Pixel Planner Motorrad News 3/2011 - An increasing number of motorcyclists are interested in electronic guides. However love and frustration are always close to each other in the world of technology. We’ll tell you what the situation is, and what device you should choose to decorate your ride. Review details: Five navigation devices were tested. The test criteria were hardware, software, PC connection and value for money.

Arrive safely at your destination at an affordable price CAR & HIFI 1/2011 - With the F series and Camper Navigation models, A-Rival is offering cheap systems that perform well. Review details: Three sat-navs were compared to each other. Test criteria were route calculation, guidance to destination, operation and features.

Extras for an Extra Charge test (Stiftung Warentest) 6/2010 - Navigation devices: Especially in the case of top class navigation devices, the provider still wants to earn money after the purchase: Additional services, such as traffic jam warnings for an additional charge, are increasing. Review details: Eight mobile navigation systems were tested, including six devices from 10.9 cm (4.3 inches) to 12.7 cm (5.0 inches), as well as two devices starting at about 8.8 cm (3.5 inches). The verdict: 6 x “good” and 2 x “satisfactory”. Test criteria were navigation (start time and positioning / route calculation, route guidance, driving recommendations: voice commands / display), handling (installation / transport, daily use, display, instruction manual), processing, battery and versatility.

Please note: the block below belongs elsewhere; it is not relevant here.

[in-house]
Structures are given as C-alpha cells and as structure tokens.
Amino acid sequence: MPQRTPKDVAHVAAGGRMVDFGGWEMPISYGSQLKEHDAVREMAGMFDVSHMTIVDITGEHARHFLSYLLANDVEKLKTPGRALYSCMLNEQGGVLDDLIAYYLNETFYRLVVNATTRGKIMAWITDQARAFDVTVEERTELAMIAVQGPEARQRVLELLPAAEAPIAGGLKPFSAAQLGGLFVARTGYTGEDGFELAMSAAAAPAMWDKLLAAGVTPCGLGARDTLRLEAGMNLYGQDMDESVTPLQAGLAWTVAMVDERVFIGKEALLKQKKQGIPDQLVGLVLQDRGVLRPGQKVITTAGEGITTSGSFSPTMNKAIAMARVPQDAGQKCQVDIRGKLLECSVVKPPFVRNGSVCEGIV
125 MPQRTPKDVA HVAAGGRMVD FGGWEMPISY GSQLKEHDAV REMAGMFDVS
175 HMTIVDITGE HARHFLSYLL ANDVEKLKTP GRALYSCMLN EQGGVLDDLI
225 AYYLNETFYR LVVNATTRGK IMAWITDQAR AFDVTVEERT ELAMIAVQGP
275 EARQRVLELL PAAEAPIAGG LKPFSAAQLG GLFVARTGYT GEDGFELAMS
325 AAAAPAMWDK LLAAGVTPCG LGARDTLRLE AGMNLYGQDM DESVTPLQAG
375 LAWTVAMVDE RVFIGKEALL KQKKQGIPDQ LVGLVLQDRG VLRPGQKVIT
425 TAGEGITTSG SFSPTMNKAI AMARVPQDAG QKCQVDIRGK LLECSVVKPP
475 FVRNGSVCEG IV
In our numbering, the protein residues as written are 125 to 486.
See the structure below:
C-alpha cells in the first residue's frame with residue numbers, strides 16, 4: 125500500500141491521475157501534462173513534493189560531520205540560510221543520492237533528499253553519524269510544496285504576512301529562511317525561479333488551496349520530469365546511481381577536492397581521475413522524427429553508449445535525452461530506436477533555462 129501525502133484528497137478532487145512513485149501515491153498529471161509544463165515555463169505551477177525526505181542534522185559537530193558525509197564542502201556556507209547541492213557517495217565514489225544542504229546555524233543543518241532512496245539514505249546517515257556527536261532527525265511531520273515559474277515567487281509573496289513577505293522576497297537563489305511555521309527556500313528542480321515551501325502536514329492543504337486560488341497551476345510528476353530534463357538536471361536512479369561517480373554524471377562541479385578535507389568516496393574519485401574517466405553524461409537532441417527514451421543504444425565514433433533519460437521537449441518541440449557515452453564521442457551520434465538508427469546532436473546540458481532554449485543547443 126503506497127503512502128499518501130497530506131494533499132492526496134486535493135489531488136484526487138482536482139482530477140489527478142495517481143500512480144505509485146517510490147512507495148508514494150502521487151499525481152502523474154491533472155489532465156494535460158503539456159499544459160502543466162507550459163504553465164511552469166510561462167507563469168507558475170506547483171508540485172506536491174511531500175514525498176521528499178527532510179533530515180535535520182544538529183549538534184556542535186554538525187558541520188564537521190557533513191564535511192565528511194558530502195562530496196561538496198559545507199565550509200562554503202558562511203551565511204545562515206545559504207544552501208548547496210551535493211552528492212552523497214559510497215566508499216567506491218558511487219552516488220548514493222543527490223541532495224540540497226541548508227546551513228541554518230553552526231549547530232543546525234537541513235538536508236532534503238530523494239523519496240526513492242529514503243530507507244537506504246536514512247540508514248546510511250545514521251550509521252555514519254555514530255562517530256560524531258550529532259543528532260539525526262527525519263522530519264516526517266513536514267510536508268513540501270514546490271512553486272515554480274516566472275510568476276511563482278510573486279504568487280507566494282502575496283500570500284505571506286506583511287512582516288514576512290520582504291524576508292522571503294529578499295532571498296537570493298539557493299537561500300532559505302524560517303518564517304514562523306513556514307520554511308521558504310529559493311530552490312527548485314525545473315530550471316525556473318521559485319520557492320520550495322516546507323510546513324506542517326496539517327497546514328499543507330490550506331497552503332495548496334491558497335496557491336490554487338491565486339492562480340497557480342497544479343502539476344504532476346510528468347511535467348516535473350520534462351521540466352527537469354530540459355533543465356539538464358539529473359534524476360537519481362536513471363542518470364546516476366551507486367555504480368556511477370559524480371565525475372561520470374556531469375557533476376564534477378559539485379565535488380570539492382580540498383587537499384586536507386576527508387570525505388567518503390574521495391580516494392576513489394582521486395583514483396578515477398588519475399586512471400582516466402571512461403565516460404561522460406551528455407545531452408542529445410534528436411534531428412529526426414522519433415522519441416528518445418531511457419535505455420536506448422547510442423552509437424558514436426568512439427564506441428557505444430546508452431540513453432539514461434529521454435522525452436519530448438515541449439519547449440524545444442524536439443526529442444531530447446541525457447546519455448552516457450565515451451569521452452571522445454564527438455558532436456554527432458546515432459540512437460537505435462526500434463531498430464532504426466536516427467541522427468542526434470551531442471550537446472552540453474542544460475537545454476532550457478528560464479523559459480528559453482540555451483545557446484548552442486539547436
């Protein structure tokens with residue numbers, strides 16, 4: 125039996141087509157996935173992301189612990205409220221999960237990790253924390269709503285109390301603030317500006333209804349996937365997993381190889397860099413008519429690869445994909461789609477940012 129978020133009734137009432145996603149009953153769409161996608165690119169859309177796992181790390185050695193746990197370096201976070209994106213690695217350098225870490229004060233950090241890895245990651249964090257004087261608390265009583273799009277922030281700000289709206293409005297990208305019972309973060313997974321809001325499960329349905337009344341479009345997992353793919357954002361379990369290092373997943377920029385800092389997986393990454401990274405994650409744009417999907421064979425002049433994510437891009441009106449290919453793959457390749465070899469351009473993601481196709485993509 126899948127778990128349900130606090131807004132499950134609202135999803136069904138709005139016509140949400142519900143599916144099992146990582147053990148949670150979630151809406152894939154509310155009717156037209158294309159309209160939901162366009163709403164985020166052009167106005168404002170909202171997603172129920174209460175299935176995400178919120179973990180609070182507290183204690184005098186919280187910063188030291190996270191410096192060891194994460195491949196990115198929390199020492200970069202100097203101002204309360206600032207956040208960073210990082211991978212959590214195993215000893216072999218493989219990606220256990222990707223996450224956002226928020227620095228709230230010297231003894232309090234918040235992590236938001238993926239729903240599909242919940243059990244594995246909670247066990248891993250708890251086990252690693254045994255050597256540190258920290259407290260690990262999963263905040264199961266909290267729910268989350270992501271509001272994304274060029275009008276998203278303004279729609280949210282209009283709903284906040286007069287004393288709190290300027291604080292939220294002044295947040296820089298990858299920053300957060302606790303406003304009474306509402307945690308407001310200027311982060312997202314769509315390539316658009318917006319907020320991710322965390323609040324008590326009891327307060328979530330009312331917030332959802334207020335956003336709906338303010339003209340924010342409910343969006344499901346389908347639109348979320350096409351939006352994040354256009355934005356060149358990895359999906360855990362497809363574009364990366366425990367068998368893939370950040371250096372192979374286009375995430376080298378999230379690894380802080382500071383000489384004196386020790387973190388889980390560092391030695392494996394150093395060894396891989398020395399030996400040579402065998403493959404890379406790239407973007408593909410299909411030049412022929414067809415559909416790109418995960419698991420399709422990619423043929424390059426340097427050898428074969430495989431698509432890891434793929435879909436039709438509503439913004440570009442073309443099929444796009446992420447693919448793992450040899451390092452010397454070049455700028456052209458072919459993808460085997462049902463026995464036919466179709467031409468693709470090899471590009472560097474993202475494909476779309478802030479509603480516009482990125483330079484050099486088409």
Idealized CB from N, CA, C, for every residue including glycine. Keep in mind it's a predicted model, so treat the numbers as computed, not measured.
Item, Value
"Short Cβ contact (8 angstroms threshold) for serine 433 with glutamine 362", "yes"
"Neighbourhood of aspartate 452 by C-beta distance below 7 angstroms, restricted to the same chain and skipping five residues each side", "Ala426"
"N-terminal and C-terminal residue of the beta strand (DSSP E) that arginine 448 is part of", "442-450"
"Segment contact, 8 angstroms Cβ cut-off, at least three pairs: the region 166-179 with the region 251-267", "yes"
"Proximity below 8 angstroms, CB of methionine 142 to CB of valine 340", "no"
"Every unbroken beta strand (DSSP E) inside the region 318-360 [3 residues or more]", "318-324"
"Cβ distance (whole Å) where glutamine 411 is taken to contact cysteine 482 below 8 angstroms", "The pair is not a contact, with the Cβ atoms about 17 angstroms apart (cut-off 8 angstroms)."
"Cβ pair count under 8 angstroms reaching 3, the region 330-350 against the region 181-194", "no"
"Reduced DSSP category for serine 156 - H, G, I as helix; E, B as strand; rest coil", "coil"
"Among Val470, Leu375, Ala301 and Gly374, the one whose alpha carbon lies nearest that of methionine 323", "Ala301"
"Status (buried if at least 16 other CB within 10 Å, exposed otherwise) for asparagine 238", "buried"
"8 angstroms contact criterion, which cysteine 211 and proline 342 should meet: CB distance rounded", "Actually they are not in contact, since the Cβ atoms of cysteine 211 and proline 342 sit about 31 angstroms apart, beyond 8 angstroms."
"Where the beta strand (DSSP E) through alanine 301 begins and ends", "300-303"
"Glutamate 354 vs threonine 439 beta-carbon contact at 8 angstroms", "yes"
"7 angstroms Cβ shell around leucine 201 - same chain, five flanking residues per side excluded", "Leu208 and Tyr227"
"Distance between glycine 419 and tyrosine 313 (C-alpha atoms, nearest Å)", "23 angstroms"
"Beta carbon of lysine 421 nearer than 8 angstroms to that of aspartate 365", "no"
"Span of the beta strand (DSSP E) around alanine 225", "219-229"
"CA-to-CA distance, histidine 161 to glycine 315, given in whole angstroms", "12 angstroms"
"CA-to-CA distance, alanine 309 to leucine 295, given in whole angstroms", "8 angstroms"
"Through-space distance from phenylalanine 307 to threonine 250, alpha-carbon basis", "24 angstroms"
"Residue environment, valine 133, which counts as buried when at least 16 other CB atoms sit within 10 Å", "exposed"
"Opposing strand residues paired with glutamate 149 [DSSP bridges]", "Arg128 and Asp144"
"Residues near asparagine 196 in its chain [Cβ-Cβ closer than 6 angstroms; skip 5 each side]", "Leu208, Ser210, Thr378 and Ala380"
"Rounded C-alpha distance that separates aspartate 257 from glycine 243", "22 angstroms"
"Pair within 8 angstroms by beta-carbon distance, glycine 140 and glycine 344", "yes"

Test: Falk M4 3rd Edition / Falk M8 3rd Edition navi-magazin.de 3/2010 - ’Don’t get lost, get a Falk map’ was a typical slogan of the Falk publishing company for itineraries and travel plans. Today printed Europe maps would be far more expensive than a small electronic navigation device. We reviewed both entry-level models, the Falk M4 3rd edition and the Falk M8 3rd edition. Review details: Two navigation systems were tested.